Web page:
Sexually reproducing animals display differences in social behaviors such as mating, parental care, and territorial aggression. These dimorphic behaviors are a consequence of molecular, cellular and circuit level sex differences in the brain. The amygdala is a deeply conserved evolutionary structure, including in humans, that is thought to control emotions and other instinctual responses. Indeed the amygdala is thought to mediate many behaviors such as fear, stress response, predator avoidance, mating and aggression. This functional diversity is reflected in the cellular and molecular heterogeneity of the region. One component of the amygdala, the medial amygdala (MeA), is thought to be critical for mating and aggressive behavior. My mentor's lab, the Shah Lab, has identified a discrete set of neurons in the MeA that is sexually dimorphic, which suggests that these neurons may be important for dimorphic displays of mating and fighting. Consistent with this idea, these neurons (and only these neurons within the MeA) express the enzyme aromatase. Aromatase converts circulating testosterone into estrogen in the male brain, and its function is essential for male-typical displays of mating and aggression. Thus previous work has shown that the MeA is required for dimorphic social behaviors, and this subset of neurons in the MeA expresses an enzyme that is also required for these behaviors. I hypothesize that these aromatase+ MeA neurons are essential for the display of mating and aggression. To test my hypothesis I will genetically ablate these neurons in a conditional manner in both males and females and test for alterations in mating and aggression. This study will not only shed light on the function of aromatase+ neurons in the MeA in controlling sexually dimorphic behaviors, but because the MeA is a highly evolutionarily conserved region, it is very likely to be pertinent to human health as well. Pathophysiological studies demonstrate the relevance of the amygdala to many neuropsychiatric disorders: mood and anxiety disorders, autism spectrum disorders, schizophrenia, and more, all of which show sex differences. My studies will advance our understanding of basic neural circuitry and function of this important, sexually dimorphic brain region, which will be invaluable to human health and disease.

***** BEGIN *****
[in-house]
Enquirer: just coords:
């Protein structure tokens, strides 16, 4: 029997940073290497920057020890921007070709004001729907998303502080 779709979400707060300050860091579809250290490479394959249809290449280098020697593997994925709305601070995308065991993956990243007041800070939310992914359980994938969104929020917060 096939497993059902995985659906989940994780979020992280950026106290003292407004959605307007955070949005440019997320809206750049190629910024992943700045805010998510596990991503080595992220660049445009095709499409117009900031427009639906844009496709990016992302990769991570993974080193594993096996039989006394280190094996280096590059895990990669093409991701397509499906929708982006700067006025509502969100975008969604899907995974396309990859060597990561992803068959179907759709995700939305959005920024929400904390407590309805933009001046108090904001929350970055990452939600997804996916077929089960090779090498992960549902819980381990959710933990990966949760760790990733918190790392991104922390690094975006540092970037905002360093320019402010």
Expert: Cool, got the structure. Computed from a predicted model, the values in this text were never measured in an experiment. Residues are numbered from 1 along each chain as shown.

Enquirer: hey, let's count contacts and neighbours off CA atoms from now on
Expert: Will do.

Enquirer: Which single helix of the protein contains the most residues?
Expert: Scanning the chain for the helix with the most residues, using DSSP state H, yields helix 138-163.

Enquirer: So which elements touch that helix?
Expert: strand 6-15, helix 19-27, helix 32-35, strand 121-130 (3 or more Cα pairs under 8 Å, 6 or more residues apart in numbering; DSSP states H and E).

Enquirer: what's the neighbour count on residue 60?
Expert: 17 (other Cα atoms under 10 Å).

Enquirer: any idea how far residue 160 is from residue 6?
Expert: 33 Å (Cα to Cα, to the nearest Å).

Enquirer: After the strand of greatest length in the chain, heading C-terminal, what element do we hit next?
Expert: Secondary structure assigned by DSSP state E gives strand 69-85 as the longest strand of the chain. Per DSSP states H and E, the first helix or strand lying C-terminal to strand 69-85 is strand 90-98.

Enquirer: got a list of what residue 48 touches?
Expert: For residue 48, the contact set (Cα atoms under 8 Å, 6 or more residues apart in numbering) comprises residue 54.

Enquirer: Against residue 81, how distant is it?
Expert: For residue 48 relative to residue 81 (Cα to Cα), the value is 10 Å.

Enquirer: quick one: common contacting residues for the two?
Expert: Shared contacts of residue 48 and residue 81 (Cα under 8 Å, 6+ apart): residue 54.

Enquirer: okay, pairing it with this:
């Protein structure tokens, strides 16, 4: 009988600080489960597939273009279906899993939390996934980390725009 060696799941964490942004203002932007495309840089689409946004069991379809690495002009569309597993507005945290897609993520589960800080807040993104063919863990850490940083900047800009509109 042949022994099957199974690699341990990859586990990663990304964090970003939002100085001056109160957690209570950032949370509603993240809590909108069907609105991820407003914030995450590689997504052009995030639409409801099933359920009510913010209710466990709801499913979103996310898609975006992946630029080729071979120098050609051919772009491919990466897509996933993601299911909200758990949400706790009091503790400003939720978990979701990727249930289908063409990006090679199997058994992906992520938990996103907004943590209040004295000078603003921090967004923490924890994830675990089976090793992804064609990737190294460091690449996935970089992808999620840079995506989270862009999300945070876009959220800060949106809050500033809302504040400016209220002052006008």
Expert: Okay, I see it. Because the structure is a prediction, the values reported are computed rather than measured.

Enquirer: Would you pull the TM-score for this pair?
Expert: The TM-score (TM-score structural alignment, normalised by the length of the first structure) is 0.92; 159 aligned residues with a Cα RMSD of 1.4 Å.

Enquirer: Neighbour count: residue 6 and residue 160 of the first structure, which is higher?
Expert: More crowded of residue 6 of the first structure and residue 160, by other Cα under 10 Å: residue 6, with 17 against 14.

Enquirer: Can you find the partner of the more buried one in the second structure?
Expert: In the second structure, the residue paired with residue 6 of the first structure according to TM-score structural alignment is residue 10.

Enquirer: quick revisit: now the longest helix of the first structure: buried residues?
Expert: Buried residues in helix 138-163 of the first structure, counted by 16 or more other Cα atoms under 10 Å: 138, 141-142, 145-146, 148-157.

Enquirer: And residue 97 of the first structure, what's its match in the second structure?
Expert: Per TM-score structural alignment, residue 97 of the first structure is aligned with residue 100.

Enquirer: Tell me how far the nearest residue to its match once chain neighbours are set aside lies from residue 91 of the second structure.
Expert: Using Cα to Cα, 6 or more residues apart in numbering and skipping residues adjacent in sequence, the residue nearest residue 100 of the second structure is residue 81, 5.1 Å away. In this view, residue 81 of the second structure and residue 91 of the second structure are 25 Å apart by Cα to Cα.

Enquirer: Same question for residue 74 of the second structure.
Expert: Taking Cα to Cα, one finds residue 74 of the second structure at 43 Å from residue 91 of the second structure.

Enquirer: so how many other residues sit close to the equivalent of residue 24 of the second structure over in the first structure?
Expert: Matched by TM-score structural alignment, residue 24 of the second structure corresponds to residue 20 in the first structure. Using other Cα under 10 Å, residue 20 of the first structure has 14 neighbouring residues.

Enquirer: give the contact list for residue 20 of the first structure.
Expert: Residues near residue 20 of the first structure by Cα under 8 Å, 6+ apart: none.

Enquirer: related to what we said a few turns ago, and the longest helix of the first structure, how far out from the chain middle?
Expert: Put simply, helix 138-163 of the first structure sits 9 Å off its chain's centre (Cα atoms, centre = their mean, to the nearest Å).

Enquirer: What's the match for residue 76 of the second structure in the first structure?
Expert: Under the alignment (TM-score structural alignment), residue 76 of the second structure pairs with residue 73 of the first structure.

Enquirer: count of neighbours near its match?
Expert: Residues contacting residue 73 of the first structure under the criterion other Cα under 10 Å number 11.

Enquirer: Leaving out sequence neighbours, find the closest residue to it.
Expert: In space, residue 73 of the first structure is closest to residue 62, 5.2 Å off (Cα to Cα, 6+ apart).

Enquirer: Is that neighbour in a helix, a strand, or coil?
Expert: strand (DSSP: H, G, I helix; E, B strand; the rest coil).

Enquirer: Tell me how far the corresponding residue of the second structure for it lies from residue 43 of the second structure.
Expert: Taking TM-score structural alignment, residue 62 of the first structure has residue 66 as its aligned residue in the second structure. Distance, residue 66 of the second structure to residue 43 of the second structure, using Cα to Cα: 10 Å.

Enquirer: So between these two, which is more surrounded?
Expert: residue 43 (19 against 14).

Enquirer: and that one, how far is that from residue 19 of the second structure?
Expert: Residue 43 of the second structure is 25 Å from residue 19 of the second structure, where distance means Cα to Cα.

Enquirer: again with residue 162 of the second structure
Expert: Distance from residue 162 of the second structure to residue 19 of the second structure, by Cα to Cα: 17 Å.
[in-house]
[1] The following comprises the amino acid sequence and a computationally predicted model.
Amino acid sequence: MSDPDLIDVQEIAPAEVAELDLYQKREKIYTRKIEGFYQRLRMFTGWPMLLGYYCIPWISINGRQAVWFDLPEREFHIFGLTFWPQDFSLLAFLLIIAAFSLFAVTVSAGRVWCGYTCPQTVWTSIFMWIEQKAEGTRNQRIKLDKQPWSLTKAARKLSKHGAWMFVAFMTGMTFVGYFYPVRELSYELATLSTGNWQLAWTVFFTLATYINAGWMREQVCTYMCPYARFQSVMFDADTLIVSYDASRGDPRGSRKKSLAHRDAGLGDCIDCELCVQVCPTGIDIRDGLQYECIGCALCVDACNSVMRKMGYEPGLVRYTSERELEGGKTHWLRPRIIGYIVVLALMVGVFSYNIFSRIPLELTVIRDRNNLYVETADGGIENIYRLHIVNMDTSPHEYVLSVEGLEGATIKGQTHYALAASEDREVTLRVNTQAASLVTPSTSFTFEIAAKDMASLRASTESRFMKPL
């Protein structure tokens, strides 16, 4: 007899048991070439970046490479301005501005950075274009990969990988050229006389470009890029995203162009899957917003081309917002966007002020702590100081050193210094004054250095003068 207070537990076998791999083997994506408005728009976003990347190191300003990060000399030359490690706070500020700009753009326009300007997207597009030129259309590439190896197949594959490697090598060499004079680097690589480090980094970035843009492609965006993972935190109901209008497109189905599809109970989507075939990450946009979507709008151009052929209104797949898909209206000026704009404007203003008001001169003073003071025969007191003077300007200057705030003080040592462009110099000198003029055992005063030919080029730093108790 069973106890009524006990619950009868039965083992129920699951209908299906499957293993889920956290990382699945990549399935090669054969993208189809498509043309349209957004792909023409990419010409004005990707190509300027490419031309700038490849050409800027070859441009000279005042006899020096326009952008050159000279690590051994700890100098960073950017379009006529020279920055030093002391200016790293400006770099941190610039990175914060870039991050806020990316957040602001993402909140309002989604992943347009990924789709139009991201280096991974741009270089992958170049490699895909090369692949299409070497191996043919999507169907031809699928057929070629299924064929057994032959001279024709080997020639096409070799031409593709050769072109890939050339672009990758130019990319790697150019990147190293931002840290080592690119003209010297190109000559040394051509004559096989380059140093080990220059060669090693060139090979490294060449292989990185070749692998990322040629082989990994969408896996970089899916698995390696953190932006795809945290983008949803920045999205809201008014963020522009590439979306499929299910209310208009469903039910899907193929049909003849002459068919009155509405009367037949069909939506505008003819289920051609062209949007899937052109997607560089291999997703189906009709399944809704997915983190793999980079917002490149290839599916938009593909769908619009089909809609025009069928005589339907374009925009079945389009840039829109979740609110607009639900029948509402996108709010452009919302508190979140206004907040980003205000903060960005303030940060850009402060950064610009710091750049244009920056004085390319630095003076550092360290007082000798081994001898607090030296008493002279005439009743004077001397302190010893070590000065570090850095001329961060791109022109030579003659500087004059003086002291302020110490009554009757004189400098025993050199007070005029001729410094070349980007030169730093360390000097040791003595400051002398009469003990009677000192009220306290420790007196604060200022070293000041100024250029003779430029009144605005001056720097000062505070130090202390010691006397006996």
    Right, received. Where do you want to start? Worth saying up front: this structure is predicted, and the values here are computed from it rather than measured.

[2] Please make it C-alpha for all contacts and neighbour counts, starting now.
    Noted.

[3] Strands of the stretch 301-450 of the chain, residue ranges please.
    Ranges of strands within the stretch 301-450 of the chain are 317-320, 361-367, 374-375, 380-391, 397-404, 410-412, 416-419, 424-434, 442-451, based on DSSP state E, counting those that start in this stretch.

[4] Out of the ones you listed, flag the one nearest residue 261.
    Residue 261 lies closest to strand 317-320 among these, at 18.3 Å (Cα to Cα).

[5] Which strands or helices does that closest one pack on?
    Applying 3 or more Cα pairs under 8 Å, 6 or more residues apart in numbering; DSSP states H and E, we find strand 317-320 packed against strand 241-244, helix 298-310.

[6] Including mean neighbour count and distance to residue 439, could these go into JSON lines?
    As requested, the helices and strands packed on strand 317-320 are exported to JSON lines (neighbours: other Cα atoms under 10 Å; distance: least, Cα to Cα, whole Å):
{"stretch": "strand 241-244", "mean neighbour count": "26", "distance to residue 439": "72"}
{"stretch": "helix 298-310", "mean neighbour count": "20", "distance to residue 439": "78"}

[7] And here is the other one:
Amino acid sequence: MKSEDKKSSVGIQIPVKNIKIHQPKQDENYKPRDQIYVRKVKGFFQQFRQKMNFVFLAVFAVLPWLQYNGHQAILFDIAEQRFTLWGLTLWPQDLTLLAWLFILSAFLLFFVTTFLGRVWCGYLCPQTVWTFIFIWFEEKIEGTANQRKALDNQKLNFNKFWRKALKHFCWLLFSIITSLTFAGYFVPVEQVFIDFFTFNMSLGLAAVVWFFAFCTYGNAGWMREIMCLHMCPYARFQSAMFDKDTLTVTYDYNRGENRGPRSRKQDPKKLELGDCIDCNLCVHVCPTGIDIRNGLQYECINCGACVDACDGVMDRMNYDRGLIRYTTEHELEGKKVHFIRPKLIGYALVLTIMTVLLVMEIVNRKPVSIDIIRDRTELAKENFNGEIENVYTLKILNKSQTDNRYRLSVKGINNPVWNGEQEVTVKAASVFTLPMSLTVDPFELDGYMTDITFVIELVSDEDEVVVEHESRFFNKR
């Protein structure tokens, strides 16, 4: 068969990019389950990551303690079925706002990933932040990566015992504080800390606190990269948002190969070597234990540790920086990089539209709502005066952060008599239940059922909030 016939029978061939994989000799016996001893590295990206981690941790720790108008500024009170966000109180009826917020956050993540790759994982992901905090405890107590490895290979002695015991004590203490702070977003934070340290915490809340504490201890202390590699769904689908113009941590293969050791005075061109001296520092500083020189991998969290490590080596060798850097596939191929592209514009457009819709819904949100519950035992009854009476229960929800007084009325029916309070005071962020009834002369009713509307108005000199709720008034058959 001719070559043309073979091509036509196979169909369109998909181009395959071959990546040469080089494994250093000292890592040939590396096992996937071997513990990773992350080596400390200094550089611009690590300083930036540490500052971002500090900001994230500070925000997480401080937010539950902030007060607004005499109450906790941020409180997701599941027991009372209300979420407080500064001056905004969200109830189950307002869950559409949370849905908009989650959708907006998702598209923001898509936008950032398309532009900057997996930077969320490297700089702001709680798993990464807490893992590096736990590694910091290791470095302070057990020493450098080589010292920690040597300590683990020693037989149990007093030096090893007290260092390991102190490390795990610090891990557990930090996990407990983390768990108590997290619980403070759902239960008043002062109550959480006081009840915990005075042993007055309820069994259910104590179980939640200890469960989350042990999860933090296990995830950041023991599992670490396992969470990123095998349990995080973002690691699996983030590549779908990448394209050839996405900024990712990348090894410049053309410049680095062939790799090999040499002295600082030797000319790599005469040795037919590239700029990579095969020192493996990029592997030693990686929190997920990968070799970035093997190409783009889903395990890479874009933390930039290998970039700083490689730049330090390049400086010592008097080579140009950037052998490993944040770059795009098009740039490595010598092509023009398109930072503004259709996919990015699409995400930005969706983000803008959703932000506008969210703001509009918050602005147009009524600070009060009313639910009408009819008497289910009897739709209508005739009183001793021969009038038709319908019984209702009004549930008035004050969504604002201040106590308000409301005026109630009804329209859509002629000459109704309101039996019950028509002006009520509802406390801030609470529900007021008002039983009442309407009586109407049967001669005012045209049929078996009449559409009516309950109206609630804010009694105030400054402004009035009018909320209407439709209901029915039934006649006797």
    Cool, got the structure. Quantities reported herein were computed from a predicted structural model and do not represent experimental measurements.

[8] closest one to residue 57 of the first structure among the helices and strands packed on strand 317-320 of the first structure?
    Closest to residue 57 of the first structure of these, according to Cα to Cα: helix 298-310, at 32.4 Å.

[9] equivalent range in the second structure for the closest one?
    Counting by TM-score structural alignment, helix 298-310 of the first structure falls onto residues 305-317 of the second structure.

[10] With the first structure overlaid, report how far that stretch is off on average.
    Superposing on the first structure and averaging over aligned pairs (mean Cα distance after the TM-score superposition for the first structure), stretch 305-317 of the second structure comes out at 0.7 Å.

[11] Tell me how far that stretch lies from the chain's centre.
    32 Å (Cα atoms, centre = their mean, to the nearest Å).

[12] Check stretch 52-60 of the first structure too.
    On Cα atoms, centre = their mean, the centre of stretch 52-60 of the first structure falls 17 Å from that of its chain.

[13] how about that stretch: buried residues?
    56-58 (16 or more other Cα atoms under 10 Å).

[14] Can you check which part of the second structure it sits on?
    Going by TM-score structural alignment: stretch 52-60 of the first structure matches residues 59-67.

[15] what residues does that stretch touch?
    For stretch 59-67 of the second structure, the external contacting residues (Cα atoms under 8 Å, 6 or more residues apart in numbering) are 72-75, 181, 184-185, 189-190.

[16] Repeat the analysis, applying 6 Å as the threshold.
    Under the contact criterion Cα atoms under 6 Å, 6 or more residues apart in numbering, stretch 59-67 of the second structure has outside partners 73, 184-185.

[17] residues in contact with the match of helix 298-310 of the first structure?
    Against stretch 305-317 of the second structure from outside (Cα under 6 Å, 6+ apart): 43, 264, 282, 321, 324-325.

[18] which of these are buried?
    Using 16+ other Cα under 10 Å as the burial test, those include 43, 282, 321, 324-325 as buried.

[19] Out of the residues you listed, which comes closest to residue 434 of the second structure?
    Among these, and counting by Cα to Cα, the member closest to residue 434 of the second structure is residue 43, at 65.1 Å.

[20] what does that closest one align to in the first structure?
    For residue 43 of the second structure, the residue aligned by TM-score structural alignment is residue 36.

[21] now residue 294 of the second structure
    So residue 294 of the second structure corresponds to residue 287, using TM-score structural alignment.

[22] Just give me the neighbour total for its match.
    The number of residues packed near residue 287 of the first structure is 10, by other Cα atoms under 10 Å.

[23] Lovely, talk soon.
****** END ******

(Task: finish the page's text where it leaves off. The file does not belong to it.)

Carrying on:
Public Health Relevance

Pathophysiological studies demonstrate the relevance of the amygdala to many neuropsychiatric disorders: mood and anxiety disorders, autism spectrum disorders, schizophrenia, and more, which all show sex differences. My studies will advance our understanding of basic neural circuitry and function of this important, sexually dimorphic brain region, which will be relevant to human health and disease.

Agency
National Institute of Health (NIH)
Institute
National Institute of Neurological Disorders and Stroke (NINDS)
Type
Predoctoral Individual National Research Service Award (F31)
Project #
5F31NS078959-02
Application #
8450952
Study Section
Special Emphasis Panel (ZRG1-F03A-N (20))
Program Officer
Gnadt, James W
Project Start
2012-04-01
Project End
2015-03-31
Budget Start
2013-04-01
Budget End
2014-03-31
Support Year
2
Fiscal Year
2013
Total Cost
$35,832
Indirect Cost
Name
University of California San Francisco
Department
Anatomy/Cell Biology
Type
Schools of Medicine
DUNS #
094878337
City
San Francisco
State
CA
Country
United States
Zip Code
94143
Yang, Cindy F; Chiang, Michael C; Gray, Daniel C et al. (2013) Sexually dimorphic neurons in the ventromedial hypothalamus govern mating in both sexes and aggression in males. Cell 153:896-909